Divine Contemplation

Chandran, Nanda (NBC) Nanda.Chandran at NBC.COM
Mon Mar 9 11:50:49 CST 1998

Shankara in Vivekachoodamani states that moksha cannot be attained by
birth or reasoning or progeny or rituals or breathing exercises etc
(thereby refuting all the other schools), but by divine contemplation.

So what is divine contemplation?

1. With our analysis on the three states, reason shows us that there's
an entity, which is the underlying seer and with which we have little
link with and which is constantly dominated by our senses and ego and
mind. So for those who seek the Truth and desire to see Reality, this is
definitely a great lead to pursue. On this account, the scriptures aids
us in stating that we can access this entity by controlling our mind and
senses and ego. Thus meditation plays a vital role towards this end and
in the pursuit of our goal.

So far so good. We understand what we're doing and there's reason behind
our actions.

2. On the meta physical front the shruti expounds certain concepts. The
three main Vedantic schools interpret these concepts differently - I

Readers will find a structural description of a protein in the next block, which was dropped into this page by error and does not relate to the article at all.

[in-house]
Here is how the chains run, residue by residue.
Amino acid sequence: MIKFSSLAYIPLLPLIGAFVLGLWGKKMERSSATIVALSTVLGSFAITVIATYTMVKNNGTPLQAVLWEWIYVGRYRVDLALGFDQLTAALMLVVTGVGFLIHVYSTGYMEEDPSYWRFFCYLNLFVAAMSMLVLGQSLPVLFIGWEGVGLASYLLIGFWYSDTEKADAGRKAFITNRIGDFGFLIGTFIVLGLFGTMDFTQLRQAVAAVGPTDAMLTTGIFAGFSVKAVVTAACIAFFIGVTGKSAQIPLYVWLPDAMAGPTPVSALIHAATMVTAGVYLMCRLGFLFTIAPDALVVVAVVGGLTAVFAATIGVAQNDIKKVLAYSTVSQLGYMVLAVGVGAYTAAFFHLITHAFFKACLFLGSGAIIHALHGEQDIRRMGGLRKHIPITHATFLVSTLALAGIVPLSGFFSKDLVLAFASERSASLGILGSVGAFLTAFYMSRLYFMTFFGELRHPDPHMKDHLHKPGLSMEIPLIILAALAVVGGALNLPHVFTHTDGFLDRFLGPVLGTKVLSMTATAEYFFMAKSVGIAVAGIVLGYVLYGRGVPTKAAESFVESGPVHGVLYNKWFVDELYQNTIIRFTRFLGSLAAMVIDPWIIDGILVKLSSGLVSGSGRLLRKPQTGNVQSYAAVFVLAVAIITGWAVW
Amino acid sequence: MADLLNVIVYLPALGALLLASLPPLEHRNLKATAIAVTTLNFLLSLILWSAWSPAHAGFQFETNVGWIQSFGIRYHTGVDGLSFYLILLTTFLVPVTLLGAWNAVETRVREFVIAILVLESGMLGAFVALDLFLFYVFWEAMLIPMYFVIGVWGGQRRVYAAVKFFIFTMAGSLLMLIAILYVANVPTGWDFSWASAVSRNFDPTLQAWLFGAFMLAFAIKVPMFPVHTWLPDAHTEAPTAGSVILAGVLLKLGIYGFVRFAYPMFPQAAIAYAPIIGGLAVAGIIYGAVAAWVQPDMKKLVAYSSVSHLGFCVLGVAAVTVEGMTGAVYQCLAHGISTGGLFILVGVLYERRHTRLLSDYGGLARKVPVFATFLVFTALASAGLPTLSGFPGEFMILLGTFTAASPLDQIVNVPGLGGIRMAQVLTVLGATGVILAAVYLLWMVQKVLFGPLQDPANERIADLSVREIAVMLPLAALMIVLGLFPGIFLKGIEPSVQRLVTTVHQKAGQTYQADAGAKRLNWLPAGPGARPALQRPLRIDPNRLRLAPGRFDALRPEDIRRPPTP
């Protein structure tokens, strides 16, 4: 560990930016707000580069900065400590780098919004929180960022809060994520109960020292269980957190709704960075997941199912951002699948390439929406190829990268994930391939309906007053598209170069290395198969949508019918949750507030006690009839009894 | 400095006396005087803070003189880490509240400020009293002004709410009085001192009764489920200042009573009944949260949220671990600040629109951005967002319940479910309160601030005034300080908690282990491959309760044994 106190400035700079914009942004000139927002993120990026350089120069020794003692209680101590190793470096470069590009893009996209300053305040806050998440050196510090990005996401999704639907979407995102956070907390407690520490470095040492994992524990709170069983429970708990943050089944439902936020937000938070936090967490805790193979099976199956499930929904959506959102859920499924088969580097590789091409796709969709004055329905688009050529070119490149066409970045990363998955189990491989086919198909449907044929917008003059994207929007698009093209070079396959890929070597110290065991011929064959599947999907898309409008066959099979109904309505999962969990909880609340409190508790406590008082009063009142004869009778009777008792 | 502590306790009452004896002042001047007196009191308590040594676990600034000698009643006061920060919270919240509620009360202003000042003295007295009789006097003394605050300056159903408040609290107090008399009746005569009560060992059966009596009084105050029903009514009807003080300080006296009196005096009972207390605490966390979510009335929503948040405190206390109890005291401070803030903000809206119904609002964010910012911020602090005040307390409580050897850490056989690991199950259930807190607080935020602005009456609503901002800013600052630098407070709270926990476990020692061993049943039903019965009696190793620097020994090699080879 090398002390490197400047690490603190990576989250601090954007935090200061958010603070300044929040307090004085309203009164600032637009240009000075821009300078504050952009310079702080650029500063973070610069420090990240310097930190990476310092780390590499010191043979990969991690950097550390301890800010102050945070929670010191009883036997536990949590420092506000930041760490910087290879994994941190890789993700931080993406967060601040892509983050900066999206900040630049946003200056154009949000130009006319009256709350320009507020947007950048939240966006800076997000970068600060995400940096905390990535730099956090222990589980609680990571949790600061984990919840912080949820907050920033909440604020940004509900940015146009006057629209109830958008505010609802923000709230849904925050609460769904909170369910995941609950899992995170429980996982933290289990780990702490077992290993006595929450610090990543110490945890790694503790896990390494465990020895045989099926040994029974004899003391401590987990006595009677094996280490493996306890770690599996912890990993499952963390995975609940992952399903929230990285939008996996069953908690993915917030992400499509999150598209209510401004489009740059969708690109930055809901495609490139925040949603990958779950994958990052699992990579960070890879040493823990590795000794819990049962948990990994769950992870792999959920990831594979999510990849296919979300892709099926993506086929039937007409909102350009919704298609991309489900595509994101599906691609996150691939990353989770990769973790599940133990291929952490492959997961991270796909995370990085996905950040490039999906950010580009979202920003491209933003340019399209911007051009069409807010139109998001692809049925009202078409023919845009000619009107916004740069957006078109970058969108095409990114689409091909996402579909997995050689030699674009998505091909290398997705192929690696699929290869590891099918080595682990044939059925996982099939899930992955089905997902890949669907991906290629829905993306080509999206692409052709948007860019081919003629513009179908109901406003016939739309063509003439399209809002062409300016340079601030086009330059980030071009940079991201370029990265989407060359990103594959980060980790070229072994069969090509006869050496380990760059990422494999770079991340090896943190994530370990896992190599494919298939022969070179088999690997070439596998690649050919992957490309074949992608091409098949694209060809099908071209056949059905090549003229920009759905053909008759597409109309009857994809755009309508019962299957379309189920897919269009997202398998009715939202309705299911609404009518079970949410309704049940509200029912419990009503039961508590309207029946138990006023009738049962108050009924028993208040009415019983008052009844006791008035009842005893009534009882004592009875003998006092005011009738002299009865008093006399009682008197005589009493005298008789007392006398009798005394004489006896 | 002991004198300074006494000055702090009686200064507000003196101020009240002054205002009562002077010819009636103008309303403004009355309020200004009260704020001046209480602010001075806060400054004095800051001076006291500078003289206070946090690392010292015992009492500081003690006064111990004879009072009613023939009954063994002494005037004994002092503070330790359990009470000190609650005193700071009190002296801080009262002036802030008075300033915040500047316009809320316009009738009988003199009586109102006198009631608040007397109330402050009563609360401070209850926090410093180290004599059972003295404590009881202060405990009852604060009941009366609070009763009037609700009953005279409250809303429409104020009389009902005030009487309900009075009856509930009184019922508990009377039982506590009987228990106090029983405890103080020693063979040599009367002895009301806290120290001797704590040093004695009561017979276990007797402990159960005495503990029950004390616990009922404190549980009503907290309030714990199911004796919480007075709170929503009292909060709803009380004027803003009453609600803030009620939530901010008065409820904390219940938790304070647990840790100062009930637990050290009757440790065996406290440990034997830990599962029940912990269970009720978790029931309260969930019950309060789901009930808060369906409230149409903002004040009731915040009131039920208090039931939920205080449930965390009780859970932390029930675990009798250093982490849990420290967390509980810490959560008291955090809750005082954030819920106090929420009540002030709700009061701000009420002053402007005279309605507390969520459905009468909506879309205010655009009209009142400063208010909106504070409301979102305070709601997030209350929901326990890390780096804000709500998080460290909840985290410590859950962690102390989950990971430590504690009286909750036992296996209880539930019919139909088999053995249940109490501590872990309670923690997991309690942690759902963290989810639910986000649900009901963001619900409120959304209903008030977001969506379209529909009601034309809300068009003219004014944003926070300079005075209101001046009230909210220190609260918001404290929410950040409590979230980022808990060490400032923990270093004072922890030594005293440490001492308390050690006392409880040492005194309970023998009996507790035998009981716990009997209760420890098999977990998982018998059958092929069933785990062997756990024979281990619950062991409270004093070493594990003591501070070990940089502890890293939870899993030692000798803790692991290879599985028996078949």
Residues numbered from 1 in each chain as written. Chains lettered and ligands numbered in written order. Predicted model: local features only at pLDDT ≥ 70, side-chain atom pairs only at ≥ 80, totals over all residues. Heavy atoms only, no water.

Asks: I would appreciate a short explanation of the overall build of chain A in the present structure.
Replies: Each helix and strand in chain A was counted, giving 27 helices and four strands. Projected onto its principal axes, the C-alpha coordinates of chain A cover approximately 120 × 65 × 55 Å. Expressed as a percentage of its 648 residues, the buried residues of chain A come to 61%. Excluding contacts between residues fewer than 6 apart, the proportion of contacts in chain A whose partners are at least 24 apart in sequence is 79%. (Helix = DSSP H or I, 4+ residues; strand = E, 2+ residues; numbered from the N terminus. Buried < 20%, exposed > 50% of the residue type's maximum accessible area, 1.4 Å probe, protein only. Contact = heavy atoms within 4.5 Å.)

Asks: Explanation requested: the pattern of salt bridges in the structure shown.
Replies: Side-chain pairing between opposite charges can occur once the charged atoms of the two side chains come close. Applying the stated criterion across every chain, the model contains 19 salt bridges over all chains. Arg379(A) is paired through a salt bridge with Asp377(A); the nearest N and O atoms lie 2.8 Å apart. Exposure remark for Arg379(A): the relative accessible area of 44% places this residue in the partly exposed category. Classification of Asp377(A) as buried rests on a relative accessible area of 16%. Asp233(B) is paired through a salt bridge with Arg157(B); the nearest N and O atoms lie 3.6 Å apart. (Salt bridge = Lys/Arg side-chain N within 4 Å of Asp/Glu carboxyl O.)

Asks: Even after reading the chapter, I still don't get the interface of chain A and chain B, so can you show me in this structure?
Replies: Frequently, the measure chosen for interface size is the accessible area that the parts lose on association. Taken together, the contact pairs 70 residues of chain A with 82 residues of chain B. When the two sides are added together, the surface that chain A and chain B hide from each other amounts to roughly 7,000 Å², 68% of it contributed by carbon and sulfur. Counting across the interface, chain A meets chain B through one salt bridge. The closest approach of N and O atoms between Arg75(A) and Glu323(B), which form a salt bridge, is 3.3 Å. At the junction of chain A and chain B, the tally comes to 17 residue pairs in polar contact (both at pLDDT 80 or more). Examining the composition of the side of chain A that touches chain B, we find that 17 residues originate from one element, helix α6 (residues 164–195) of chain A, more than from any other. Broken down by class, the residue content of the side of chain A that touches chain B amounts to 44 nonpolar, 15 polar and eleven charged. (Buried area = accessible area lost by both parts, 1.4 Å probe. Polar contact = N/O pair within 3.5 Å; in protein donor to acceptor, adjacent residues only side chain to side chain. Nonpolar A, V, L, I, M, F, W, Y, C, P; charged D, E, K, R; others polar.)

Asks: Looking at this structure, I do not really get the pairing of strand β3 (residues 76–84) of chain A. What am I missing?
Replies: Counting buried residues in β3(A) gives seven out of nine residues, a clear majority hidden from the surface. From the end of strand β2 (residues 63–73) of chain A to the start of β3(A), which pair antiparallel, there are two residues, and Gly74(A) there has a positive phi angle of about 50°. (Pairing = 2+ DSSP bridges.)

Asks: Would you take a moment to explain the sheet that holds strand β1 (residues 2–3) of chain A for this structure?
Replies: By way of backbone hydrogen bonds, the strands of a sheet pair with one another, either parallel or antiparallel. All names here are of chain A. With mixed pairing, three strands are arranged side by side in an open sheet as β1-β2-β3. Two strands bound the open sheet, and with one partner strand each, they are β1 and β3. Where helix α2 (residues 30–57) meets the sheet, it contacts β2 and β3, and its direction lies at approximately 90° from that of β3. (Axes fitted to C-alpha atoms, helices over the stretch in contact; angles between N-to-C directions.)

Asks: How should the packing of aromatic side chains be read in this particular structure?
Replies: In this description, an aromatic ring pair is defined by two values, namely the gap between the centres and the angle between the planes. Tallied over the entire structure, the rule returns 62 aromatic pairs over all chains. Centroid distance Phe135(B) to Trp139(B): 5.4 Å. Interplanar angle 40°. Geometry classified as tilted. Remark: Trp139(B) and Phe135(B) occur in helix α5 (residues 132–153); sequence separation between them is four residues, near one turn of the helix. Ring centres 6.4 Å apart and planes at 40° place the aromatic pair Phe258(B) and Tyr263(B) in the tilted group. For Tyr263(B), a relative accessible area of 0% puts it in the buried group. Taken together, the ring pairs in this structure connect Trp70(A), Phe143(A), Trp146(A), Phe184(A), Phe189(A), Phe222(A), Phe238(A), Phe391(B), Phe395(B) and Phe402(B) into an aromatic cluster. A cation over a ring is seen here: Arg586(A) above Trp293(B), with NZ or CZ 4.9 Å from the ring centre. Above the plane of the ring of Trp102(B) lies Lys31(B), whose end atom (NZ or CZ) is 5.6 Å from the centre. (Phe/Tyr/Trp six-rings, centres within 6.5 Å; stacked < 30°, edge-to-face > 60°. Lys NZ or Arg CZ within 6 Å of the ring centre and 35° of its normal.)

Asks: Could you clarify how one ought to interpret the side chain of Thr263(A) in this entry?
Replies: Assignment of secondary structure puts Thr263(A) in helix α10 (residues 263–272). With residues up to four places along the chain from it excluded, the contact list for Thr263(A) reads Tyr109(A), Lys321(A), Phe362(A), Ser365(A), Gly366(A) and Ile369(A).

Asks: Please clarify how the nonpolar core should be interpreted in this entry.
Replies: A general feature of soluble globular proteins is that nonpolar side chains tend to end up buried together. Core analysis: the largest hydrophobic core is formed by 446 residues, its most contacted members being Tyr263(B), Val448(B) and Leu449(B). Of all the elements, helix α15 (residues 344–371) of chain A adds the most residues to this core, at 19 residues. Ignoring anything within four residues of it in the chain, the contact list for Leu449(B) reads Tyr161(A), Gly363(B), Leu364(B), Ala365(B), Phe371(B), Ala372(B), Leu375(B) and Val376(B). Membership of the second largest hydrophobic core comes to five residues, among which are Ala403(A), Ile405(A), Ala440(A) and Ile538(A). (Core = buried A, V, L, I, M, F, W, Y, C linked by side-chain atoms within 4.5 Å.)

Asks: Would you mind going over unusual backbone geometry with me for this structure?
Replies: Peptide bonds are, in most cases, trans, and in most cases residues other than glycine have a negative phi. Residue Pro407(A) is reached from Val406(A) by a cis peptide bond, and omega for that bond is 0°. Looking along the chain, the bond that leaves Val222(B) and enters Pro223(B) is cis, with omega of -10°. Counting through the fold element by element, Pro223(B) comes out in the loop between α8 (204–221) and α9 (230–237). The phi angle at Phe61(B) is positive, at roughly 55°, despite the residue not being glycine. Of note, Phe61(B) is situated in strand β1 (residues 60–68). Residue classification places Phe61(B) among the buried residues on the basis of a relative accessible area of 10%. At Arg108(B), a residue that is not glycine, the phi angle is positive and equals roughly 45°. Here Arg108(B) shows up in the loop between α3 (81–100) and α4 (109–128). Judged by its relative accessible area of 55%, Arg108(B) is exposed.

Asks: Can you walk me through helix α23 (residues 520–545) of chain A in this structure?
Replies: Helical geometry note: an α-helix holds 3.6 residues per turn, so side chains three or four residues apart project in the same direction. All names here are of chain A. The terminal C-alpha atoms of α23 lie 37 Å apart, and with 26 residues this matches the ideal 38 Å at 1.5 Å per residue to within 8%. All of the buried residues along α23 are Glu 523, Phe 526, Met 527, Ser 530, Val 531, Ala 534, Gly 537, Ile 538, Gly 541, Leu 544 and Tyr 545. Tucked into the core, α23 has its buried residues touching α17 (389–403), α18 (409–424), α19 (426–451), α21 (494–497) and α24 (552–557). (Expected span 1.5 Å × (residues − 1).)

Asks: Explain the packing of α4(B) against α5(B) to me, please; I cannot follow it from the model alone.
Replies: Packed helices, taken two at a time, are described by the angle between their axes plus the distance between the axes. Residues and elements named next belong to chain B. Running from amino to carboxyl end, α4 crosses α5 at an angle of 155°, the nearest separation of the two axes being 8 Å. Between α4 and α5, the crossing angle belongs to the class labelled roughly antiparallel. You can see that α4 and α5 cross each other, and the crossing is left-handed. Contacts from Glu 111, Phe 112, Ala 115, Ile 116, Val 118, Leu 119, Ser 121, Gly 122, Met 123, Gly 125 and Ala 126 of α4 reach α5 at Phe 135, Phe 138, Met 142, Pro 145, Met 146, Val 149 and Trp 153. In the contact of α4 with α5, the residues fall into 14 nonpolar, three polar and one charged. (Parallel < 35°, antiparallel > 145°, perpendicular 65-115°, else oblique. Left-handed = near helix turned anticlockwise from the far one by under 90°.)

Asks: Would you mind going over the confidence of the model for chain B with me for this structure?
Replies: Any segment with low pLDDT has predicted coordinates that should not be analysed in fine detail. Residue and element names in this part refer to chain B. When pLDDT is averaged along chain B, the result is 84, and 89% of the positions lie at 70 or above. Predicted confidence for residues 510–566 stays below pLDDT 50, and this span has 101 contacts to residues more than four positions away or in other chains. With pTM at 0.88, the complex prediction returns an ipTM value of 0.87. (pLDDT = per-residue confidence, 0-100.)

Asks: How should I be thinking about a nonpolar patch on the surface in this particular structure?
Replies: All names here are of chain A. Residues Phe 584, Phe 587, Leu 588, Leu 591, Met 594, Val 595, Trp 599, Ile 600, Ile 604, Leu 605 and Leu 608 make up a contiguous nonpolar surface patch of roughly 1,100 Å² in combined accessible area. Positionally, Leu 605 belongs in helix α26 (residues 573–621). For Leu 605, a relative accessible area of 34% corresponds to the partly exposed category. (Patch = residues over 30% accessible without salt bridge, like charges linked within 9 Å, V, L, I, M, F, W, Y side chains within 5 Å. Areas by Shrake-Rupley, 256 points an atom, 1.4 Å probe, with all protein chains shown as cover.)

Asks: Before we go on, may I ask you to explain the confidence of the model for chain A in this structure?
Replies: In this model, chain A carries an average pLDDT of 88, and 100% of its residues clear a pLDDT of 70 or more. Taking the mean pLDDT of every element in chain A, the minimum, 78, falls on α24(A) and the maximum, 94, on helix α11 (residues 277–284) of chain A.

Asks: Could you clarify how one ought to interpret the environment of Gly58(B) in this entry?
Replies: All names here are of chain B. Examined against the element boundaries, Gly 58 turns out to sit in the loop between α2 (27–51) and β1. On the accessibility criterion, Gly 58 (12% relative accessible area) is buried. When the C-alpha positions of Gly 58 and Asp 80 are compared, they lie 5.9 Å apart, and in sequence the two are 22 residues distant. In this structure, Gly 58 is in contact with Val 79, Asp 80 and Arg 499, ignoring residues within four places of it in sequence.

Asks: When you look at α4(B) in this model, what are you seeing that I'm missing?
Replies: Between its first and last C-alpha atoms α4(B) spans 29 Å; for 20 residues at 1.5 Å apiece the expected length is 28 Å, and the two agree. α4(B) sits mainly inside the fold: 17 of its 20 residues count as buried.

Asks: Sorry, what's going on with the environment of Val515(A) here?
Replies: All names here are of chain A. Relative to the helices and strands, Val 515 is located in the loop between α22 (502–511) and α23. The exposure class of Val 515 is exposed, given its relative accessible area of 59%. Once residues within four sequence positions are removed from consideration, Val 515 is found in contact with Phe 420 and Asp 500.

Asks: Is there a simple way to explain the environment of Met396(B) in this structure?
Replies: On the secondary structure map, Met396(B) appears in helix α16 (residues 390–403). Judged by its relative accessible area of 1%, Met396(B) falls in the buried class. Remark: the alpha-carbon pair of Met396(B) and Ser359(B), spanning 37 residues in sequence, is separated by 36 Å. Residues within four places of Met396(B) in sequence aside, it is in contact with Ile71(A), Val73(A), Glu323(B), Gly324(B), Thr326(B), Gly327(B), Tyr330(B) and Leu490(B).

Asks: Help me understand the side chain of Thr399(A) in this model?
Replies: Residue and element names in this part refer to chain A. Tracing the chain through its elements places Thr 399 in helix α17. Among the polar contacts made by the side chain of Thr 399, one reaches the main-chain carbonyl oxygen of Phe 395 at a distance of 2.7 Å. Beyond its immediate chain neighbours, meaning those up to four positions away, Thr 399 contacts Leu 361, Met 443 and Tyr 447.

needn't explain the Advaitic position on the unreality of the empirical
world, the underlying substratum in all things - living and matter and
the single identity of the Atman and Brahman. The VishistAdvaita school
expounds the reality of the empirical world and that both the empirical
world and the Atman are but part of Brahman. The Dvaita school takes the
dualistic stance and states that all the three entities are separate.
However sound and foolproof these theories might be, there're but
theories and not subject to reason.

The Vedantic author of the Brahma Sutras defending his schools stance
against the Samkhyas, then considered nastika, on quite a few occasions
takes refuge in the shruti against arguments backed by reason, stating
that Brahman is not subject to mere reason, as reason can be overcome by
a greater intellect and that only the shruti is the basis for all views
on the subject (It's ironical that even these theories have various
interpretations in the form of Advaita, VishistAdvaita and Dvaita!).
Though the shruti is considered infallible, the logical mind can't but
suppress the feeling that it's but an older text compared to the Vedanta
Sutras and whether the author of the Vedanta Sutras is justified in his
arguments by basing it on the shruti. For if we need faith in the
shruti, is it truly jnana yoga? Then we may as well  go all the way and
have faith in the form of Bhakthi. And what we don't truly understand,
can it really contribute to our progress?

And the question whether point 2 even fits in the category of divine
contemplation. Sure, it's a stimulating intellectual exercise, but
whether in anyway it contributes to moksha is definitely arguable. Again
what if it's counter productive?

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